LONDON (Reuters) - U.S. crude production is surging, complicating OPEC’s efforts to rebalance the oil market.
U.S. production rose by more than 450,000 barrels per day (bpd) in the five months ending in February, according to the U.S. Energy Information Administration (EIA) (tmsnrt.rs/2p1SftR).
Total U.S. crude production has increased from a recent low of 8.567 million bpd in September to 9.031 million bpd in February (“Petroleum Supply Monthly”, EIA, April 28).
Production continued rising in March and April, and now stands at over 9.2 million bpd, according to weekly estimates published by the agency (“Weekly Petroleum Status Report”, EIA, April 26).
Weekly estimates are considered less reliable than the monthly numbers, but the two series have tended to follow one another closely, so there is no reason to doubt the continued growth in output (tmsnrt.rs/2p4R11K).
U.S. crude production is increasing at an annual rate of more than 1 million bpd, comparable to the boom of 2012-2014 (tmsnrt.rs/2oTK6MV).
The rapid recovery in U.S. output is one of the factors making market rebalancing slower than OPEC anticipated.
Most of the increase so far has come from non-shale producers in the Gulf of Mexico and Alaska. But the massive increase in the number of rigs drilling onshore should ensure shale output rises substantially in the remainder of 2017.
Gulf of Mexico output rose by 228,000 bpd in the five months to February, while onshore production from the lower 48 states increased by 175,000 bpd and Alaska’s output rose 61,000 bpd.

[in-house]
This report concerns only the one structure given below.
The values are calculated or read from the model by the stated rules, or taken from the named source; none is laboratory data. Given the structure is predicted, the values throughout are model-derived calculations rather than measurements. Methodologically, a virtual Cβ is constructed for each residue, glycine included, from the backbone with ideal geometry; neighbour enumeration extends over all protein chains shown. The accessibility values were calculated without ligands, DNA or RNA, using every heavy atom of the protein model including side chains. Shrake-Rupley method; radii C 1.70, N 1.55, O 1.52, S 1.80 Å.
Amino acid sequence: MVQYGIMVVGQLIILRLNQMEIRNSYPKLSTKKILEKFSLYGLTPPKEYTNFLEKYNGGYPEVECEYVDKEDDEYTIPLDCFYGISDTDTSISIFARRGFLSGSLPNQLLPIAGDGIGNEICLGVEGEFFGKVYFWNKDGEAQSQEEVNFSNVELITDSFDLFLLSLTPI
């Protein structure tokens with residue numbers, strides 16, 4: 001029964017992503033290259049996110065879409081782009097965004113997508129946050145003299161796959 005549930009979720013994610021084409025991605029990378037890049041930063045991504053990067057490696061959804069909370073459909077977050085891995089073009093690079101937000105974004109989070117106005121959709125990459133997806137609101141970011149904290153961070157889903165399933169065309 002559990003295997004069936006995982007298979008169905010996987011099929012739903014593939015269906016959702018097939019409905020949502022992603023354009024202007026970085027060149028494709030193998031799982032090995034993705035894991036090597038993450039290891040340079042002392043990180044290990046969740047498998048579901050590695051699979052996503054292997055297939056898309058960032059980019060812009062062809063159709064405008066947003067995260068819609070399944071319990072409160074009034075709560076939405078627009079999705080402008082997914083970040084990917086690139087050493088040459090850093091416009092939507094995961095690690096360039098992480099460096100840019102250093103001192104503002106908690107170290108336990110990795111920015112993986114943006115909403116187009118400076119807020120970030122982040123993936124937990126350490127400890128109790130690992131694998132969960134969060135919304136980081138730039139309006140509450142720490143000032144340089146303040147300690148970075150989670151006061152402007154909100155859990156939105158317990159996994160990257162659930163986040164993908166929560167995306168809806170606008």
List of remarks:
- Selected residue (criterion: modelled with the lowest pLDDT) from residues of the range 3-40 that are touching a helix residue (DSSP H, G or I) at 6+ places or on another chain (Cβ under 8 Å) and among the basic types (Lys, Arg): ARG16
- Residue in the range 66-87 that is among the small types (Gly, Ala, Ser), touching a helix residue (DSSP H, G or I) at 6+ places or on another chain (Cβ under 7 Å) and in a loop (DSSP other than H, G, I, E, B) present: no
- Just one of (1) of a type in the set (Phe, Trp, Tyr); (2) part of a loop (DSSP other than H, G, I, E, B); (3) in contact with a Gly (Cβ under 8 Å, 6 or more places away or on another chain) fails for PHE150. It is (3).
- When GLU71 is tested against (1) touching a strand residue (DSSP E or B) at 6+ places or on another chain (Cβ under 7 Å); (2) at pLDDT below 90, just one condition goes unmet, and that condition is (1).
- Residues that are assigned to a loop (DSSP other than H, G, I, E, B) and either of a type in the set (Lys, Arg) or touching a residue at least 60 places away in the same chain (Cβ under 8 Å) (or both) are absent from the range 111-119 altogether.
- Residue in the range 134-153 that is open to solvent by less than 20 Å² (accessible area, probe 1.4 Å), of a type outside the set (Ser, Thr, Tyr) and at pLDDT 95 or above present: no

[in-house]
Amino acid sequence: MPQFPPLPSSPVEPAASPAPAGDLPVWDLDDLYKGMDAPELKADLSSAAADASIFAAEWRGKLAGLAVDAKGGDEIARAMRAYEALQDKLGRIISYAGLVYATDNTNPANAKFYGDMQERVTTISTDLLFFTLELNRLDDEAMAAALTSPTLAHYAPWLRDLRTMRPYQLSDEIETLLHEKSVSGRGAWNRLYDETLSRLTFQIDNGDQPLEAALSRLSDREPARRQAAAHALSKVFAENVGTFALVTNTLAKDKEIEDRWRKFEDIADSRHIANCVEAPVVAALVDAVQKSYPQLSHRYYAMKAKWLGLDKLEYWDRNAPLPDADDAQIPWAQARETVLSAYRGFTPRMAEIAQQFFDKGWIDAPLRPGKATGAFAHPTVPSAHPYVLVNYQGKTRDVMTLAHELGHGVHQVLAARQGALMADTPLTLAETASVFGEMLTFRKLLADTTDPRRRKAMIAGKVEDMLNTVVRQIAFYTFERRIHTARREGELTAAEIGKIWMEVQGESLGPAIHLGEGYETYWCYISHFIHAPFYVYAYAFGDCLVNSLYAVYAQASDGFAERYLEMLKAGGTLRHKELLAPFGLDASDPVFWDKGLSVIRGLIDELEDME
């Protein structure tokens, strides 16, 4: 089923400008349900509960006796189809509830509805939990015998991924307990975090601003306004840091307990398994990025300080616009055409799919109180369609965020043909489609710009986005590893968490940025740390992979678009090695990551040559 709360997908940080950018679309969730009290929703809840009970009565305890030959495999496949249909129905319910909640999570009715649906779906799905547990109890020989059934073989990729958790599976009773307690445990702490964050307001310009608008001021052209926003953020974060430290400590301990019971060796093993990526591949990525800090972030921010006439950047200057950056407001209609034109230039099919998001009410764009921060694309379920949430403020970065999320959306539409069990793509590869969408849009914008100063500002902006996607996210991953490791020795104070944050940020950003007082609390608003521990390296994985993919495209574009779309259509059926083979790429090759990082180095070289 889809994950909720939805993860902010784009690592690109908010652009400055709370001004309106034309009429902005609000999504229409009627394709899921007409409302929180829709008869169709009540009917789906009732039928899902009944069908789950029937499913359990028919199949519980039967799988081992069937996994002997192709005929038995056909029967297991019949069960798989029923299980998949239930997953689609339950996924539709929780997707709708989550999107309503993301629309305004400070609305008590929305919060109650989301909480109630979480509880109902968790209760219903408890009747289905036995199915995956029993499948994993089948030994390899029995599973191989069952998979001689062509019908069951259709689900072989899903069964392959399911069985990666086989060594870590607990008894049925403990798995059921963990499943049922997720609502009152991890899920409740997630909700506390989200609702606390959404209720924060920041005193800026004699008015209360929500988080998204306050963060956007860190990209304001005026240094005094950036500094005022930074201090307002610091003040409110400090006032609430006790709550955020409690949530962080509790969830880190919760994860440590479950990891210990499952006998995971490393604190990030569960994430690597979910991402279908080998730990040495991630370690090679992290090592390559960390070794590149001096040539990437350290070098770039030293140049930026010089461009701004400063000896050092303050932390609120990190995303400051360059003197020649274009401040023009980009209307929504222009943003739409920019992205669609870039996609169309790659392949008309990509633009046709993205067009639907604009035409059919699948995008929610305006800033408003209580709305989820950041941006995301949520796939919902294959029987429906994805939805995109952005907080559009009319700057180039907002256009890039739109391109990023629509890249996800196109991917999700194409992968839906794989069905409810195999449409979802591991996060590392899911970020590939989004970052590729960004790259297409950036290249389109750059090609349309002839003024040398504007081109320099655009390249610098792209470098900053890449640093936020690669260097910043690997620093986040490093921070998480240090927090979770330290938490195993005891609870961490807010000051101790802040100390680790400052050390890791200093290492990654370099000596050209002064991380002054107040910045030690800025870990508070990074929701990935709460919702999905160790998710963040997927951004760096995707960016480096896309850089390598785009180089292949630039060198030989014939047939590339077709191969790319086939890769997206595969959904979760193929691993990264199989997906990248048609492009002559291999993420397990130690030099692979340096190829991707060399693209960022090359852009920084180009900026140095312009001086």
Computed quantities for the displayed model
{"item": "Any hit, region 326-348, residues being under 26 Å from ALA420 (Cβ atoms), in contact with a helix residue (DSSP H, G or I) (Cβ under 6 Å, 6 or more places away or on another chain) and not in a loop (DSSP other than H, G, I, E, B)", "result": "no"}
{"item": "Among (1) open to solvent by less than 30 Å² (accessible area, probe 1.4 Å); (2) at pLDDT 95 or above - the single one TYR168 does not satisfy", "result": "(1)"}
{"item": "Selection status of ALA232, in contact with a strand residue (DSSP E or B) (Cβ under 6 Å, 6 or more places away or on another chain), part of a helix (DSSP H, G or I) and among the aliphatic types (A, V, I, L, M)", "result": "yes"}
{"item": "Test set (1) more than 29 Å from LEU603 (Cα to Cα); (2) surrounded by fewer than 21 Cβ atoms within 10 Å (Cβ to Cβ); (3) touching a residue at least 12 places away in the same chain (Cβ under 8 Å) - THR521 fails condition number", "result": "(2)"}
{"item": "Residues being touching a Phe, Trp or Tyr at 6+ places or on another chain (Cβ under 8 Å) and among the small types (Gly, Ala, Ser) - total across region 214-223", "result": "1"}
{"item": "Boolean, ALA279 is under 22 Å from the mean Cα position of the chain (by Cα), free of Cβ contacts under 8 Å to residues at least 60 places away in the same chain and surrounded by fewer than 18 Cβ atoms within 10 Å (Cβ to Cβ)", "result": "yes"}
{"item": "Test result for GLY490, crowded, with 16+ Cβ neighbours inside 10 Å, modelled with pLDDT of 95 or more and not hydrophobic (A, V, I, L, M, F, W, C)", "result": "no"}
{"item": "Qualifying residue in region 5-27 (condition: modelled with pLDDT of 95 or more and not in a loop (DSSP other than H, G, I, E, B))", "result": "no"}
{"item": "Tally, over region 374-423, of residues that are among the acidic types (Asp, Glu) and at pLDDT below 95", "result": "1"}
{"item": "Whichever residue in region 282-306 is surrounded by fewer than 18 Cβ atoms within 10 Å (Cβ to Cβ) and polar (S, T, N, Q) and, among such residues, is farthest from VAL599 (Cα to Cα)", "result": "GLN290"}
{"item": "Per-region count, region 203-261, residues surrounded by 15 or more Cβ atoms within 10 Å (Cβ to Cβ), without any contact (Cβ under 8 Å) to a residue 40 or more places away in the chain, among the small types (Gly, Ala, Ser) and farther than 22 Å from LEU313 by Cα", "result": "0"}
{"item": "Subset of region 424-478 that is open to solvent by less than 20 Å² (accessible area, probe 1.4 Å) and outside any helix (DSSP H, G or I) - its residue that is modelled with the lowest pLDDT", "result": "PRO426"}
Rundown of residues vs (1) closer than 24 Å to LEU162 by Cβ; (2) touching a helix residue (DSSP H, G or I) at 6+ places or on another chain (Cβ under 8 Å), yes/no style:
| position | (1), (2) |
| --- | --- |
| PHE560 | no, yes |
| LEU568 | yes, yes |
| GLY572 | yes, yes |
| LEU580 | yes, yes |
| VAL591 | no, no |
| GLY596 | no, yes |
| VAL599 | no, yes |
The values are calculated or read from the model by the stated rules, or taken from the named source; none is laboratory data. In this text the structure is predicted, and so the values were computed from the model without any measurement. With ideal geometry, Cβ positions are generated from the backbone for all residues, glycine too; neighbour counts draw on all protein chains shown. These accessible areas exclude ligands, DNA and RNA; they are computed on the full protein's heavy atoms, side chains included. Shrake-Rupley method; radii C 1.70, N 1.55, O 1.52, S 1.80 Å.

U.S. production will continue increasing for at least the next few months as the lagged impact of earlier increases in the onshore rig count filter through.
From a cycle low in May 2016, the number of rigs drilling for oil in the United States has risen by 380 or around 120 percent (tmsnrt.rs/2oTKD1h).
Exploration and production firms are still adding drilling rigs at an average of almost 10 per week, according to oilfield services company Baker Hughes (tmsnrt.rs/2p4EThd).
Rig counts generally affect production with a lag of about six months so the full impact of all those extra rigs has yet to be reflected in the production statistics.
Crude output is already rising much faster than predicted by any of the major statistical agencies at the start of the year.
EIA has already raised its year-end forecast from 9.22 million bpd in January to 9.64 million bpd in April (“Short-Term Energy Outlook”, EIA, Jan and Apr 2017).
By the end of the year, production is predicted to have fully recovered from the slump and to surpass the previous peak set in April 2015.
Production forecasts are very likely to be revised even higher given the speed with which output has increased in the first four months of the year.
Some of the rise in production is the result of offshore output, but onshore shale production is forecast to exceed its previous peak well before the end of 2018.
(John Kemp is a Reuters market analyst. The views expressed are his own)
Editing by Susan Thomas